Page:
Same with the Apache web server: apt-get install apache

Mozilla Firefox web browser: apt-get install mozilla-firefox

Gaim multiprotocol instant messenger client: apt-get install gaim

Actually, if you do a kitchen-sink default install of most major distributions, you'll have OOo, Firefox, and Gaim already installed anyway. Free. No trips to the store. No ordering online. No half an hour spent mucking about with the MS Office installation wizard.

How easy can it get? To be any easier than this, they'd have to make the package manager telepathic.

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Never tried Debian

by kveratis In reply to even easier

I honestly never tried a Debian distribution of Linux, so I have not had the good experiences that you have. However, now that I know how to get a better experience, I will try out Debian or Fedora Core 4 (I hear it can use apt as well).

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more package management

by apotheon In reply to Never tried Debian

Fedora Core makes apt-rpm available (an RPM-adapted version of Debian's apt), but FC's "official" package manager is YUM (adapted from Yellow Dog Linux). While apt is generally a little more flexible and robust, and much quicker, it's no longer as well-supported on FC as YUM. Many FC users people prefer YUM over apt anyway, but I for one don't really understand why.

Debian is even more of an adjustment from the Windows way of doing things than Fedora Core. Any Linux distribution is something of an adjustment for habitual Windows users, but some are less Windows-like than others. Debian, in my experience, tends to be the easiest distro in the world to manage and maintain. It's likely to frustrate Windows users more than Fedora Core, most of the time, because of it's rather severe departure from the Windows way of doing things.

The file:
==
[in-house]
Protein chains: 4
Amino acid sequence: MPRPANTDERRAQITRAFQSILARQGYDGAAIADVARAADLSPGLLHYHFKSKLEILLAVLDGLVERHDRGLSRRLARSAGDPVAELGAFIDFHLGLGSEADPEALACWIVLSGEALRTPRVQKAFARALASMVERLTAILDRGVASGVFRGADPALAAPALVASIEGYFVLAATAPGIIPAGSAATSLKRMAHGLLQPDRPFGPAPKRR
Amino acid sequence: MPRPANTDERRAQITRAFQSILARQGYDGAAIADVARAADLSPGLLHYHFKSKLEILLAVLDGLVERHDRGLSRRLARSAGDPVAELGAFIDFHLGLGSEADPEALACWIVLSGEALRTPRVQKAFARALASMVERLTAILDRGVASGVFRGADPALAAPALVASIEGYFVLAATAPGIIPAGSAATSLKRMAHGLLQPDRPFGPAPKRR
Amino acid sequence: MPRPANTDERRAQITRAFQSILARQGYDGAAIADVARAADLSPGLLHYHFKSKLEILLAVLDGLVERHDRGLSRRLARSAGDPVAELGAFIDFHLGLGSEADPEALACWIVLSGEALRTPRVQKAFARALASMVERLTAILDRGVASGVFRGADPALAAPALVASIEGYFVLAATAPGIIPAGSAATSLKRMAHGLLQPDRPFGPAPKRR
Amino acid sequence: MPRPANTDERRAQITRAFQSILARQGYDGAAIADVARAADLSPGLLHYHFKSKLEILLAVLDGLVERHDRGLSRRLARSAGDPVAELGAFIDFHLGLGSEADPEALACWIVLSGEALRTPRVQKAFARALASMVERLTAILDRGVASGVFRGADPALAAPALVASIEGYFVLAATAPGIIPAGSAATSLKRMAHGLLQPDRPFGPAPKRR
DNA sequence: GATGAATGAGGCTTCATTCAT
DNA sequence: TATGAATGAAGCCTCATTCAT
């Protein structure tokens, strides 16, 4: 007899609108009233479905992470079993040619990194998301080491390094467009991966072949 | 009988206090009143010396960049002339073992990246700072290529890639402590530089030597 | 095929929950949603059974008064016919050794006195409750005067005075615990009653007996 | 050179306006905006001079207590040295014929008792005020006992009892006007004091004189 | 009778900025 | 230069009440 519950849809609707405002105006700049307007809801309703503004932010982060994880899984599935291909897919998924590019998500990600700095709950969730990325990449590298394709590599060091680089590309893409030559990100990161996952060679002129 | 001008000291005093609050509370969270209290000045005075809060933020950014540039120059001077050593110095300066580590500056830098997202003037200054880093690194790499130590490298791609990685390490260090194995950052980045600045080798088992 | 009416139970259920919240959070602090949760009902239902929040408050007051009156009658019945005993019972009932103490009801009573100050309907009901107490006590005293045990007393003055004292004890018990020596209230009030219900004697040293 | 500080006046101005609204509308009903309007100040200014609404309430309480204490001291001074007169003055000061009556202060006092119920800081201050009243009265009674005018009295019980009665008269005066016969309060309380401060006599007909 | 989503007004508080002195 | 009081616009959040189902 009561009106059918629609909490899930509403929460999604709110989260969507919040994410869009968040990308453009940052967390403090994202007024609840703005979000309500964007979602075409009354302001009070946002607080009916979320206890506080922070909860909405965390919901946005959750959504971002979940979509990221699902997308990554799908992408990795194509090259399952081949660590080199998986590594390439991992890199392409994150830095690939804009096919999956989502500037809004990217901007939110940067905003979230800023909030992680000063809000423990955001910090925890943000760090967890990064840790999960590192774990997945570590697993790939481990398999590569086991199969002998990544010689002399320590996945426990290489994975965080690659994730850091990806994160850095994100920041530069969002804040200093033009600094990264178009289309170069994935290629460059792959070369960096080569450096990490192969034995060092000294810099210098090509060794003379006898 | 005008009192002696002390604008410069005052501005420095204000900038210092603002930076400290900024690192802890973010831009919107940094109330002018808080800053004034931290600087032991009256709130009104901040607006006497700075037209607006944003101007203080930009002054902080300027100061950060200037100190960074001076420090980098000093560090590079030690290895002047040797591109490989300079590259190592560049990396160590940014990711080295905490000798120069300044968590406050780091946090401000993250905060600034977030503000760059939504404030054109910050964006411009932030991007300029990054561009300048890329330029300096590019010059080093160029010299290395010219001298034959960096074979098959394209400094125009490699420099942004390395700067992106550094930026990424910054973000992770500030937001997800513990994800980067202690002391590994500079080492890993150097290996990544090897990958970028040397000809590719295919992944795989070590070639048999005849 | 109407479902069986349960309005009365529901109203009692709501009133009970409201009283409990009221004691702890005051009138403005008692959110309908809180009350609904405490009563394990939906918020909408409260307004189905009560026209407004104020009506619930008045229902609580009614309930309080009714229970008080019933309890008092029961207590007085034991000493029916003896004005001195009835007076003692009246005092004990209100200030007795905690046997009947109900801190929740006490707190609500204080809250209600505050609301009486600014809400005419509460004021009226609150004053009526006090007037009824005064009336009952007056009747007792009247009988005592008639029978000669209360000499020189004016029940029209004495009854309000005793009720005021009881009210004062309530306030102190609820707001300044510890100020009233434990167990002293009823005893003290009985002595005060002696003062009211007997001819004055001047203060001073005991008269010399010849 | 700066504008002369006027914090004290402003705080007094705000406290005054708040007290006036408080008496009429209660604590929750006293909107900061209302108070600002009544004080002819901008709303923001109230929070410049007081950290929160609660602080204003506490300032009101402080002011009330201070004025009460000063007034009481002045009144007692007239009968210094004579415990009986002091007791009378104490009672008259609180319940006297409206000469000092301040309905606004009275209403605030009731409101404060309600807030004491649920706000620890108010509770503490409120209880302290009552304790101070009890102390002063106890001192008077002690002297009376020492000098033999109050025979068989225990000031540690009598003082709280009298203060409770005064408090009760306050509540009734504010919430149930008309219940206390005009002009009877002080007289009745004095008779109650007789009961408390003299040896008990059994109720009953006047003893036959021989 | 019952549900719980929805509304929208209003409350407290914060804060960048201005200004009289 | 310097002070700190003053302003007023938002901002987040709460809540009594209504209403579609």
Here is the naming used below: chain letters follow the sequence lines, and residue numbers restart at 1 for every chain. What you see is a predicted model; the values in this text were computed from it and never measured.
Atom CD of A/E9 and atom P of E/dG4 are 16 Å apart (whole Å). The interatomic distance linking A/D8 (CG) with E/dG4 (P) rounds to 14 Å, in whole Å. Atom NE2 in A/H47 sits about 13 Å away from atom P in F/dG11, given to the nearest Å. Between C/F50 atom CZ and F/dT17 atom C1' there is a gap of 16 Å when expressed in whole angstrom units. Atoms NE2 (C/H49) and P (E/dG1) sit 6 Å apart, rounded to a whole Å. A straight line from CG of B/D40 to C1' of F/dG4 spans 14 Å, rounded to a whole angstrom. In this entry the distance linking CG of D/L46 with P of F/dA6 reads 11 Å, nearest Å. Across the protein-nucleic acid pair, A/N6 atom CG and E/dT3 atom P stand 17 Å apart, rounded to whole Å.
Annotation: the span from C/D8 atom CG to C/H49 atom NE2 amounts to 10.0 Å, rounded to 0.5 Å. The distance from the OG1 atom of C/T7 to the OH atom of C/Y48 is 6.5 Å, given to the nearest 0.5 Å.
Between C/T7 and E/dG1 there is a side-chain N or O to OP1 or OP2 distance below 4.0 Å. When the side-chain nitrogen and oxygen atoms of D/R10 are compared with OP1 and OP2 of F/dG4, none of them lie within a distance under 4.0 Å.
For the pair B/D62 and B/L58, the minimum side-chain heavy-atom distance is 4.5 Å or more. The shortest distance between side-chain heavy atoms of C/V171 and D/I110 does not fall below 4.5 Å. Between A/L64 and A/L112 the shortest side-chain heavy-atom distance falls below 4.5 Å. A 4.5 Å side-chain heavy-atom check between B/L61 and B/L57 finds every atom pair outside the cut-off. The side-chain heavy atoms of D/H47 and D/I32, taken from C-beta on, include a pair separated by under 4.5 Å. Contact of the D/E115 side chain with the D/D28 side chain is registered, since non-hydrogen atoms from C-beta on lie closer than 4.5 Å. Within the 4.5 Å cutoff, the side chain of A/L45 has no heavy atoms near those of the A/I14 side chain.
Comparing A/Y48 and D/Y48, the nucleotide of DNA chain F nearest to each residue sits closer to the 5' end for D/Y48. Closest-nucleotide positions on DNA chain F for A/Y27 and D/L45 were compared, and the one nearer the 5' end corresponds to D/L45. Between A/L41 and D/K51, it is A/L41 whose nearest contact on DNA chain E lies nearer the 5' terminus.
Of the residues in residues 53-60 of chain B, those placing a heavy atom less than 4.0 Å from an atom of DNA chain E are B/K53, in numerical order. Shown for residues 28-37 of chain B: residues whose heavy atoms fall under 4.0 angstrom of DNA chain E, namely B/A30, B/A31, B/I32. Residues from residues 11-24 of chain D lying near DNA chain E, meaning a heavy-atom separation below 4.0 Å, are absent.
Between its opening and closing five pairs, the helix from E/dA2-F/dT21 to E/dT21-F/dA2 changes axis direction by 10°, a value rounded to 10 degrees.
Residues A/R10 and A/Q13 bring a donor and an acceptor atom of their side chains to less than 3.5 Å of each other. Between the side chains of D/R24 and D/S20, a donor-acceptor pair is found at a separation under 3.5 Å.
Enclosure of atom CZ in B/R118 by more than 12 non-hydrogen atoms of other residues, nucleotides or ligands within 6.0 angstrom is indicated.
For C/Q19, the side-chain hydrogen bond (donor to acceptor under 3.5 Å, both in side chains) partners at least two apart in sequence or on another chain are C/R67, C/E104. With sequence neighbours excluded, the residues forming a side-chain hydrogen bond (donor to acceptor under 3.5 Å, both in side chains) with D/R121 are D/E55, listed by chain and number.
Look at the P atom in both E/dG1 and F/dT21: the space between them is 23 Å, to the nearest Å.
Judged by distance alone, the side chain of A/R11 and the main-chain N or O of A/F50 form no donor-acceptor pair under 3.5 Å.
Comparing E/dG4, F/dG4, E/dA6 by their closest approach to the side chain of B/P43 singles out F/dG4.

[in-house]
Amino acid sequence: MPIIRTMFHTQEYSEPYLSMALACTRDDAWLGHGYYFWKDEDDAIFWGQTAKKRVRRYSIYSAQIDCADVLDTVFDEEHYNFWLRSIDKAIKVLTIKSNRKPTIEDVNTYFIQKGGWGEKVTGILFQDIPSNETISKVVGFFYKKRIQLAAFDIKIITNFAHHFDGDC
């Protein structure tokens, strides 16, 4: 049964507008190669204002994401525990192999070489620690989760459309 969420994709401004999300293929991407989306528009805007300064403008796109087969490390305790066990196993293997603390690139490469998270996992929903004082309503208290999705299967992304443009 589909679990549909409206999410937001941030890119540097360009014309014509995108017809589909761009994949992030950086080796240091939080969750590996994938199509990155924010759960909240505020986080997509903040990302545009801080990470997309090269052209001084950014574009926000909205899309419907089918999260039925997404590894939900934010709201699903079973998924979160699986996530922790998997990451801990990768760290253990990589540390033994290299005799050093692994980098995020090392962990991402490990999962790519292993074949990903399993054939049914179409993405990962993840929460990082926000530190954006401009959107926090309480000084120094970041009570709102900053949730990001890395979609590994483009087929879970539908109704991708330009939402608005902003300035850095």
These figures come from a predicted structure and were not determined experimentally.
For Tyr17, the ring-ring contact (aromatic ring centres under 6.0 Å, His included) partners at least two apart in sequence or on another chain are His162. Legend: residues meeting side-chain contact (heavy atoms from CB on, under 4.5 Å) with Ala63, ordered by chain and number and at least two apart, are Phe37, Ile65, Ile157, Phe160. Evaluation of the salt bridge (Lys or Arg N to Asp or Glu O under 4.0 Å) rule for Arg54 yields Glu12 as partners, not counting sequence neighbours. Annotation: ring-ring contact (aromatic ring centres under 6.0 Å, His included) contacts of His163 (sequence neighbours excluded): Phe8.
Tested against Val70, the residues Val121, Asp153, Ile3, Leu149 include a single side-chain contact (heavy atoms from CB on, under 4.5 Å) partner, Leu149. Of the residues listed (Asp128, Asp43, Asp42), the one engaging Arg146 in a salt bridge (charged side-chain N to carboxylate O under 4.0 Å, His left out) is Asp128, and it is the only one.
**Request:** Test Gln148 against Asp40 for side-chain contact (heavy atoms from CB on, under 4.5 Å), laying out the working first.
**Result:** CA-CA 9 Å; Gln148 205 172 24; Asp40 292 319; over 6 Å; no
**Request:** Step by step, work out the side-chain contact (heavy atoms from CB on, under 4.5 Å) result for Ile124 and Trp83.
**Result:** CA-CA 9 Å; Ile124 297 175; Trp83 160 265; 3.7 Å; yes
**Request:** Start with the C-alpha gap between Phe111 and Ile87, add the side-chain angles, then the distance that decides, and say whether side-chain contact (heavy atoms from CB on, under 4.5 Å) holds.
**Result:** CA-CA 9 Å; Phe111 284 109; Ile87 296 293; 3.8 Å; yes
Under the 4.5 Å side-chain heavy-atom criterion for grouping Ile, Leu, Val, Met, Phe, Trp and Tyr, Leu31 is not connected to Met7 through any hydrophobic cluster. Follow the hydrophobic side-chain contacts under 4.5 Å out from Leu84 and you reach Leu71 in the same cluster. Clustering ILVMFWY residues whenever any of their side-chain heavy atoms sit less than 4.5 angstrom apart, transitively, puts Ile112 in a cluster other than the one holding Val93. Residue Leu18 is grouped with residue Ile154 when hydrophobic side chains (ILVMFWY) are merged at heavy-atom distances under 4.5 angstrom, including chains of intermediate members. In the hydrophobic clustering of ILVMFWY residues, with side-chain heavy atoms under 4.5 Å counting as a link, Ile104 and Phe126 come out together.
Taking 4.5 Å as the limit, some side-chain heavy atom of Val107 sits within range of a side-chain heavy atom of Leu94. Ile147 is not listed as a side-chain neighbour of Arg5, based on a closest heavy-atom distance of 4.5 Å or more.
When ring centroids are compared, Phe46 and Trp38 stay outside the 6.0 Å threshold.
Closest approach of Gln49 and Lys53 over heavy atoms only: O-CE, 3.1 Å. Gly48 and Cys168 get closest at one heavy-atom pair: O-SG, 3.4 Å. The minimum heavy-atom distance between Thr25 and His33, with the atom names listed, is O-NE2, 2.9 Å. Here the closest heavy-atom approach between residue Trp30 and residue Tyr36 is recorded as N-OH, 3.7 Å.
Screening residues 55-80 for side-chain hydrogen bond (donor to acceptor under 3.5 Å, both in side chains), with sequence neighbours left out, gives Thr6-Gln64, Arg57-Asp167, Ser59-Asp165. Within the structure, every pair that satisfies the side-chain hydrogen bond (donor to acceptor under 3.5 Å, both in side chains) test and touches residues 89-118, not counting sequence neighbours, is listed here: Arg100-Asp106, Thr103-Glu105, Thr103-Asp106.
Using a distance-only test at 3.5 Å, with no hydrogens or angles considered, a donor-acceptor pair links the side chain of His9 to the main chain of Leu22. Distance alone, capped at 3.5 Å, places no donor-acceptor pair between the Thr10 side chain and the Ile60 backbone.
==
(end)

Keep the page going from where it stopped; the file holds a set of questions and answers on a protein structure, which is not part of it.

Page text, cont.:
Under the hood, FC is of course just as different from Windows, but it has a great many superficial trappings meant to make Windows users feel more comfortable and "at home".

. . . things to keep in mind.

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NOT FEDORA!!!!

by Jaqui In reply to Never tried Debian

see why here:

http://techrepublic.com.com/5254-6257-0.html?forumID=99&threadID=175579&messageID=1912810&id=2340510

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note

by apotheon In reply to NOT FEDORA!!!!

Your runlevel information seems to be inaccurate with regards to Debian. I posted a response to your blog about it.

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in reply..

by Jaqui In reply to note

I replied in the blog to that, as my original comment was based on what debian did when I did exactly as you posted.

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A side note

by jmgarvin In reply to NOT FEDORA!!!!

I see Fedora as less of a server and more desktop. Defaulting to run level 5 seems to make sense (although I'd wish they'd offer a choice).

For me:
Fedora is good training and a decent desktop
Gentoo is more server oriented and highly customizable (kind of like the other slack meat)